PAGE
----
Elkay is dedicated to sustainability and states their commitment to “protecting the environment and the communities where we work and live” on their website. Elkay products include sinks, faucets, and water filtration systems. Each of their products are designed with recyclability and performance in mind. For example, their sinks are made of 60% recycled steel and the sinks are 100% recyclable. Elkay facets are designed to be low flow, last a long time, and made of recyclable brass material. Their water filtration refill stations are frequently used in public spaces, lobbies, and school campuses, helping to eliminate the need to buy plastic water bottles. Check out Elkay’s products on ecomedes here.


3. Toto


Toto is dedicated to making product transparency understandable and meaningful to inform greener & healthier decisions and they manufacture low flow toilets that receive high performance reviews. Toto has created a category called PeoplePlanetWater Products across all their categories that help customers earn LEED v4 credits for environmental product declarations and material ingredient disclosure. You can search Toto’s products with Environmental Product Declarations on ecomedes here


4. Tarkett


Tarkett is “committed to a sustainable, circular economy that creates value for everyone, closing the loop on waste, preserving natural resources and reducing our impact on climate change.” In the framework of its “closed loop circular design” approach, based on four pillars (good materials, resource stewardship, people friendly space, reuse), Tarkett works to optimize the use of resources at their manufacturing facilities. Related to water use, Tarkett facilities have taken specific steps to reduce water use. For example, at the facility in Konz, Germany, Tarkett installed a closed-loop water circuit and renovated its pipe system, resulting in a 65 percent reduction (liters/square meter of product) of the water consumption in 2014 compared with the previous year. Similar steps have been taken at other facilities. Tarkett also recently partnered with the non-profit organization Fill it Forward to support the Navajo Water Project, an effort to provide hot and cold running water to the homes of families across New Mexico, Utah and Arizona without access to water or sewer lines. Check out Tarkett’s products on ecomedes here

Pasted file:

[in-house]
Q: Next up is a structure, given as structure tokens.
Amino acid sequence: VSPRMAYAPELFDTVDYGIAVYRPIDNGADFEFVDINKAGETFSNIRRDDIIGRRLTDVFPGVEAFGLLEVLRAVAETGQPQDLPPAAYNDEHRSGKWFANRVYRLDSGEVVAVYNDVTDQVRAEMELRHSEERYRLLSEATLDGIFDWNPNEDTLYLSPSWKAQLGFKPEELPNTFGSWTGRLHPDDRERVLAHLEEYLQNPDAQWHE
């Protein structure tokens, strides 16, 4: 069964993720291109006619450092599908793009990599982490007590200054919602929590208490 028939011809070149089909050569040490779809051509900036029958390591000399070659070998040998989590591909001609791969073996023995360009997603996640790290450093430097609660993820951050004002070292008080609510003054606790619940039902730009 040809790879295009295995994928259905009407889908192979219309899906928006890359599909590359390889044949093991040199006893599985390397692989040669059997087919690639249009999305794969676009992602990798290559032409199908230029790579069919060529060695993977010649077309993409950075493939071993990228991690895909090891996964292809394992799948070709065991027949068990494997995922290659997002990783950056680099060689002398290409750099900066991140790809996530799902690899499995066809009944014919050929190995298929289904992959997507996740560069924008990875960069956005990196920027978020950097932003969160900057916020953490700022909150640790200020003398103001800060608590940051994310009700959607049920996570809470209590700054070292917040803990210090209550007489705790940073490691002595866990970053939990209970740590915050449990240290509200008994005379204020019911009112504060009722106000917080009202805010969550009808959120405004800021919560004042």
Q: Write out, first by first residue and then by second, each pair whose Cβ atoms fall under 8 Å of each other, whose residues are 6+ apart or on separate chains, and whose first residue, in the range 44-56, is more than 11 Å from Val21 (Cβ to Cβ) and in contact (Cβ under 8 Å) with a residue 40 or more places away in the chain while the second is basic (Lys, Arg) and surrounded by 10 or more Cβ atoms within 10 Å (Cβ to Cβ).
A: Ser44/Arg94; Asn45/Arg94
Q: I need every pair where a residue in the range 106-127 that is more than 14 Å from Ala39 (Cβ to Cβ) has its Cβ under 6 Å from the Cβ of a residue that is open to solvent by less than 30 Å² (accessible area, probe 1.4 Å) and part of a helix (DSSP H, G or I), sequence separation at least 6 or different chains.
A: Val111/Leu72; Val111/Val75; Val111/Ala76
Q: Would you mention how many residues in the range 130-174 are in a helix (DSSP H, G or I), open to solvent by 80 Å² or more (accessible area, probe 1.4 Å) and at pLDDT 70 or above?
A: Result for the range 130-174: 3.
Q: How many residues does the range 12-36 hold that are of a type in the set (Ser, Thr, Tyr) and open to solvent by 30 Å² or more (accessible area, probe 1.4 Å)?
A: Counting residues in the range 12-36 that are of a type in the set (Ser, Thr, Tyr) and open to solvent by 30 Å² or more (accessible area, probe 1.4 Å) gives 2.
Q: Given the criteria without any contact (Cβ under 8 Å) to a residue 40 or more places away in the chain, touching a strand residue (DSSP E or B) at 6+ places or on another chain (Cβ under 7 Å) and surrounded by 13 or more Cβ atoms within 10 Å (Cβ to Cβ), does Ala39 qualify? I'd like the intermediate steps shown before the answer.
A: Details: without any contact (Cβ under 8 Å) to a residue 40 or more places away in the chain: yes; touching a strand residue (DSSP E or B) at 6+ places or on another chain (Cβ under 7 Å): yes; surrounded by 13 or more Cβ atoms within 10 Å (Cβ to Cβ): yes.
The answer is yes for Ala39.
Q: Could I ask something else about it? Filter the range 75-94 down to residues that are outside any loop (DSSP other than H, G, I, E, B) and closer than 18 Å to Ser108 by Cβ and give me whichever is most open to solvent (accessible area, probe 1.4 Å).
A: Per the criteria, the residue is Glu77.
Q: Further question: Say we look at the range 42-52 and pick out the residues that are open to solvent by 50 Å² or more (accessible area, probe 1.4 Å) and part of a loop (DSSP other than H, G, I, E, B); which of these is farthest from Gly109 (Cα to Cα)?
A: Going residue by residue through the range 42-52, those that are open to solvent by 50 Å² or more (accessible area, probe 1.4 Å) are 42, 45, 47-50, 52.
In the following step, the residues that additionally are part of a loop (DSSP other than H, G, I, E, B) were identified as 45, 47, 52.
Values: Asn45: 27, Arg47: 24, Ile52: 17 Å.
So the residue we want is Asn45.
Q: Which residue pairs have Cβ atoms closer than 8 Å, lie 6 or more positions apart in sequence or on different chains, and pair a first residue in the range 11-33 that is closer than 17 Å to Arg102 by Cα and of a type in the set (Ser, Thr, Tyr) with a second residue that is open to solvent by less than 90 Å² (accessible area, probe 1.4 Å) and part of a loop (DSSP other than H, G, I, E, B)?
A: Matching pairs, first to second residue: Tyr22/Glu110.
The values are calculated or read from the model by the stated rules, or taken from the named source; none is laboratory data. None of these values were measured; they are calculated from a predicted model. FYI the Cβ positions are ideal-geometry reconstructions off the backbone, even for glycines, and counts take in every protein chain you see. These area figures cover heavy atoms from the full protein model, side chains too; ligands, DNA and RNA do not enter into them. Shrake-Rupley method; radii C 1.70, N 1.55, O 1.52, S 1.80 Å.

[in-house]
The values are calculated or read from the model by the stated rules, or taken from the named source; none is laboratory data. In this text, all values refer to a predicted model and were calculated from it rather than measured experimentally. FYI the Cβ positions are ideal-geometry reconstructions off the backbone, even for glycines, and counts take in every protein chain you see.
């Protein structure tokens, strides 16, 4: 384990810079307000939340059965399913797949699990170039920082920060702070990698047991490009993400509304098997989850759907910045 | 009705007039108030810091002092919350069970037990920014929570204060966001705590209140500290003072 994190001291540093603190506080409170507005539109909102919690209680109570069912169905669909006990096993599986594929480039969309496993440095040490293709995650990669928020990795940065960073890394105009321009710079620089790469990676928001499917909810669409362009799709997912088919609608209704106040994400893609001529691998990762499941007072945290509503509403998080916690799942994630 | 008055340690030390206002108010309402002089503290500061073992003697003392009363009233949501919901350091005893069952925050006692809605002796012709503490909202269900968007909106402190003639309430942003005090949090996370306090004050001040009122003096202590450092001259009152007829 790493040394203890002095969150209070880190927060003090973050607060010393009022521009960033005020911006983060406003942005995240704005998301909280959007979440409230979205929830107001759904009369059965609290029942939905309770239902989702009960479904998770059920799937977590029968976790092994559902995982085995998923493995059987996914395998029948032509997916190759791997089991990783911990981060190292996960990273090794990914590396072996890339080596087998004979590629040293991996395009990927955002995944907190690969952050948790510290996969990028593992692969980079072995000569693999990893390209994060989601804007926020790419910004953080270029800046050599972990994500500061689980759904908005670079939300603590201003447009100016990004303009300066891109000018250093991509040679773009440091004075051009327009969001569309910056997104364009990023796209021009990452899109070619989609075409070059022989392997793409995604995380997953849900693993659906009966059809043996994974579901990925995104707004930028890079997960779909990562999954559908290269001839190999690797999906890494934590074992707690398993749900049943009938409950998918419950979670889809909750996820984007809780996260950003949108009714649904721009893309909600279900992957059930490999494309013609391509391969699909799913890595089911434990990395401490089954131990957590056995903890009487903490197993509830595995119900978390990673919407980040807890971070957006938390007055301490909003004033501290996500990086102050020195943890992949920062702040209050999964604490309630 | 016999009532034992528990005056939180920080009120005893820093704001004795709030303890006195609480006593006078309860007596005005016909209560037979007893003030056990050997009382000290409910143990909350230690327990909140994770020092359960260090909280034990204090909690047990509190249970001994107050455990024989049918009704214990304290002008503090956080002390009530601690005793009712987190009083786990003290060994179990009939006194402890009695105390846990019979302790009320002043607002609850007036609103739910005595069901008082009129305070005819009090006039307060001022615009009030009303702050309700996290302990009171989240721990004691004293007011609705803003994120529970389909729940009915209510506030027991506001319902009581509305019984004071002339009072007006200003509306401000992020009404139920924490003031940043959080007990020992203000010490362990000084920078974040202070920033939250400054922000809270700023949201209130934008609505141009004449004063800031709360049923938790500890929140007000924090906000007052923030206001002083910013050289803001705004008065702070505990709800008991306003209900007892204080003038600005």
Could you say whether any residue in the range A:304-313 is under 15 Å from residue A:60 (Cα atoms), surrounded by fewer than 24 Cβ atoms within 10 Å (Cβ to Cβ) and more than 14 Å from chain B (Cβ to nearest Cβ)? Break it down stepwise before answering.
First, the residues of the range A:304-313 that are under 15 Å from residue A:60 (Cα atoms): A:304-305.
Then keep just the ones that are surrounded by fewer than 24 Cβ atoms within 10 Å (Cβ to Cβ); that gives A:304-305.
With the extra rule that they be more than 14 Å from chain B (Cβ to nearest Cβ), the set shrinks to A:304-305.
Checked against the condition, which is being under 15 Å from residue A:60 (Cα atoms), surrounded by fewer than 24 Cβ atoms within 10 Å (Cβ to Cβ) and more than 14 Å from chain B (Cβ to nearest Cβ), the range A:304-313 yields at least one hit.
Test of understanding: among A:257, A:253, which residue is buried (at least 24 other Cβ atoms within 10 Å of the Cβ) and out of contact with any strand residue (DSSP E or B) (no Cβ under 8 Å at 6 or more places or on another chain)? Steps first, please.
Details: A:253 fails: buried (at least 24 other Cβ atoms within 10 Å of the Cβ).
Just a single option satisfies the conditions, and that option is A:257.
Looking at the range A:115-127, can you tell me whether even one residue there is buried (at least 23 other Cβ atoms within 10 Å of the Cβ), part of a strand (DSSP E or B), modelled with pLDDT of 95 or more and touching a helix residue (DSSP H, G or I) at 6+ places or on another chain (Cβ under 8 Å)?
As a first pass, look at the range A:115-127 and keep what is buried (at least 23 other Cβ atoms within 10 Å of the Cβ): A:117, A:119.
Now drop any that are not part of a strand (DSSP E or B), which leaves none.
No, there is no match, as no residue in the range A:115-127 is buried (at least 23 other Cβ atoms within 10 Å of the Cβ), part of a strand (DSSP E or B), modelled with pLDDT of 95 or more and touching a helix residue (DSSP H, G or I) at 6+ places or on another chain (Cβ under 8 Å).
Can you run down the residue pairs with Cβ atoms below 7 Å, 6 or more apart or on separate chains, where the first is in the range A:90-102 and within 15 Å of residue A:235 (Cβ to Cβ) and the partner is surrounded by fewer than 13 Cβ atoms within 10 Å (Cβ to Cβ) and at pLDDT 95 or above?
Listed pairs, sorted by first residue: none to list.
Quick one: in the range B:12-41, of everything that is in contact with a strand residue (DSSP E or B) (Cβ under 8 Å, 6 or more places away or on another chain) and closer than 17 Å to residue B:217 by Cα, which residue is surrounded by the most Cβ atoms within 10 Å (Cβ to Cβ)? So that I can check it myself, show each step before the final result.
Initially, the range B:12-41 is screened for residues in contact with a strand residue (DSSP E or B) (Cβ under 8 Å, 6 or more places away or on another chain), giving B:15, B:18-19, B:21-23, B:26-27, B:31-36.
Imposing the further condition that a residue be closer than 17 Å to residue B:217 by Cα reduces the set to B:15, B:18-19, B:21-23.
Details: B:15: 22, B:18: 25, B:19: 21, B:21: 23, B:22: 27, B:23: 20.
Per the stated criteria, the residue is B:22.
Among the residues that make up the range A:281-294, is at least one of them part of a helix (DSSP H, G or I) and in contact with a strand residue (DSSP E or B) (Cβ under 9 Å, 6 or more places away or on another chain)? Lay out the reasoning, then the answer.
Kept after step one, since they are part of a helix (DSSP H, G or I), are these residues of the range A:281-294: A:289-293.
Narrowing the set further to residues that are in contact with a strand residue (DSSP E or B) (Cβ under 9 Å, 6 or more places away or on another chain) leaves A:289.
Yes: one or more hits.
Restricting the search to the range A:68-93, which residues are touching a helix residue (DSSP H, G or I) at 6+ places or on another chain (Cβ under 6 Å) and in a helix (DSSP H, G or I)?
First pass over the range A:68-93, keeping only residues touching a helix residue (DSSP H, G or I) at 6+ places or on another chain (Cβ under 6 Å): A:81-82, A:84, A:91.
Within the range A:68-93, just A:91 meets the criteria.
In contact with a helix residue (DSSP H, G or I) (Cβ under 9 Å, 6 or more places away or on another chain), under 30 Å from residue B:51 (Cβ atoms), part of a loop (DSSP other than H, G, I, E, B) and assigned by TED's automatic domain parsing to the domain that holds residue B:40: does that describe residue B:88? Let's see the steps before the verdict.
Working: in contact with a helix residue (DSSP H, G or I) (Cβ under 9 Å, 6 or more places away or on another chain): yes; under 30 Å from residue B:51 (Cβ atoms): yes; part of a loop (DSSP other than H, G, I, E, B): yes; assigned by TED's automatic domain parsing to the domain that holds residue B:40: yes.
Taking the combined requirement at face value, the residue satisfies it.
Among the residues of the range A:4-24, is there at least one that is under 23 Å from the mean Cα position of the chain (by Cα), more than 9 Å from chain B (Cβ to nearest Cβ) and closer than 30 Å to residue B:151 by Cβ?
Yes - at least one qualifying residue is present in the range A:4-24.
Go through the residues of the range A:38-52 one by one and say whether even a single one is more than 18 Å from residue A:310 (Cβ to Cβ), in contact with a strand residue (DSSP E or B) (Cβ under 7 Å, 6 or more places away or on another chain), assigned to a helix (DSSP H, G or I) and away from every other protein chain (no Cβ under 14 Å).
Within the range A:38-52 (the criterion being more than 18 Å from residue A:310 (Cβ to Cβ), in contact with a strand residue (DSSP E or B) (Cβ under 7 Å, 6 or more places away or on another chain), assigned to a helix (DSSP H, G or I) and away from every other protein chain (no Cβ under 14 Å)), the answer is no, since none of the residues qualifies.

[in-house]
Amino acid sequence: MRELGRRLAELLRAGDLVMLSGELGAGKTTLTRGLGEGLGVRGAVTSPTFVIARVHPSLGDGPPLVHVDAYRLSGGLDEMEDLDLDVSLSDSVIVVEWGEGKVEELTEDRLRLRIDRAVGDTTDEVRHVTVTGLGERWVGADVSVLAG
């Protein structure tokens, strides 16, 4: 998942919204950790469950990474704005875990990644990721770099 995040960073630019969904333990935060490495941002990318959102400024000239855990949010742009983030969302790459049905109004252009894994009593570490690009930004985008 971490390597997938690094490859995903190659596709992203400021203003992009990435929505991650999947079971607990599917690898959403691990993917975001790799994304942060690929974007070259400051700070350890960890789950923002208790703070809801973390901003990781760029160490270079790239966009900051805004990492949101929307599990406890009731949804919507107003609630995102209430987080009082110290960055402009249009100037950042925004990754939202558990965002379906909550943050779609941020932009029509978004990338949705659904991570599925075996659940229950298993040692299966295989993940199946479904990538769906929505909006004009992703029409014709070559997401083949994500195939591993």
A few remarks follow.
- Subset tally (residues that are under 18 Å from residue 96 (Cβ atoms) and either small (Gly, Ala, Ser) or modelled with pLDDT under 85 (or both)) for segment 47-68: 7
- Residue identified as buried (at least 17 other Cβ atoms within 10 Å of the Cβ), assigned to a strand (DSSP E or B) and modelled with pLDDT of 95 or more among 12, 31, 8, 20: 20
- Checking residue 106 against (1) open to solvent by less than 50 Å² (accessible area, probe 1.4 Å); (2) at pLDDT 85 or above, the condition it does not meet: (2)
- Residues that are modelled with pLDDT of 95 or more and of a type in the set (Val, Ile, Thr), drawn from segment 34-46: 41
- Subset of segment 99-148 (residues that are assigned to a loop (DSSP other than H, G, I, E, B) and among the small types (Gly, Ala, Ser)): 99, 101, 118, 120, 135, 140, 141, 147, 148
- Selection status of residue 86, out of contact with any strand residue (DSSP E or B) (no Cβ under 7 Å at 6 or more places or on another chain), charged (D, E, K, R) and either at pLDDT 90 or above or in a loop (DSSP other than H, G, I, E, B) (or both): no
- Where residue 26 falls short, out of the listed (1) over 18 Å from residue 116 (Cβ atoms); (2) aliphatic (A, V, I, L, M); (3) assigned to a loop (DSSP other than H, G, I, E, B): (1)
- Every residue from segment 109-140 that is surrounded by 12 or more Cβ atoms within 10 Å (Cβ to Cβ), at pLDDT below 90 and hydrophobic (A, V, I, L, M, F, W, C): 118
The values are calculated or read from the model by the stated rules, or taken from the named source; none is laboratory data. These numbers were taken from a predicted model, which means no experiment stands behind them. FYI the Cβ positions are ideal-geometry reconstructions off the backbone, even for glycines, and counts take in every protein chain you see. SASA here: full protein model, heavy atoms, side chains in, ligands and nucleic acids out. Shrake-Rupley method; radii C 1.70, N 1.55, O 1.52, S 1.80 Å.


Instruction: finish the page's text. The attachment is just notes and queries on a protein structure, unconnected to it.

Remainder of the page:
5. Grohe


As a brand, Grohe “stands for quality, technology, design and sustainability. Thus sustainability also means responsibility – responsibility towards people and the environment.” Grohe’s guidelines for sustainability identify the steps that the company takes to assure that sustainability is woven into the pillars of the company, ranging from products to customers to suppliers to social responsibility. Grohe was recently named one of the “50 Sustainability & Climate Leaders” by the United Nations. You can watch a short documentary about Grohe’s sustainability efforts here. The documentary highlights steps that the company is taking at the factory level, like installing solar panels at all of their facilities, and new technology that the company is incorporating into their products. For example, with Grohe’s EcoJoy technology, water consumption is reduced by up to half without any compromise on performance. Another example is Grohe’s Blue drinking water filtration systems that can help a family of four save up to 800 plastic bottles each year, thereby reducing CO2 emissions by 61 percent. Check out Grohe’s products on ecomedes here.



References: https://www.unwater.org/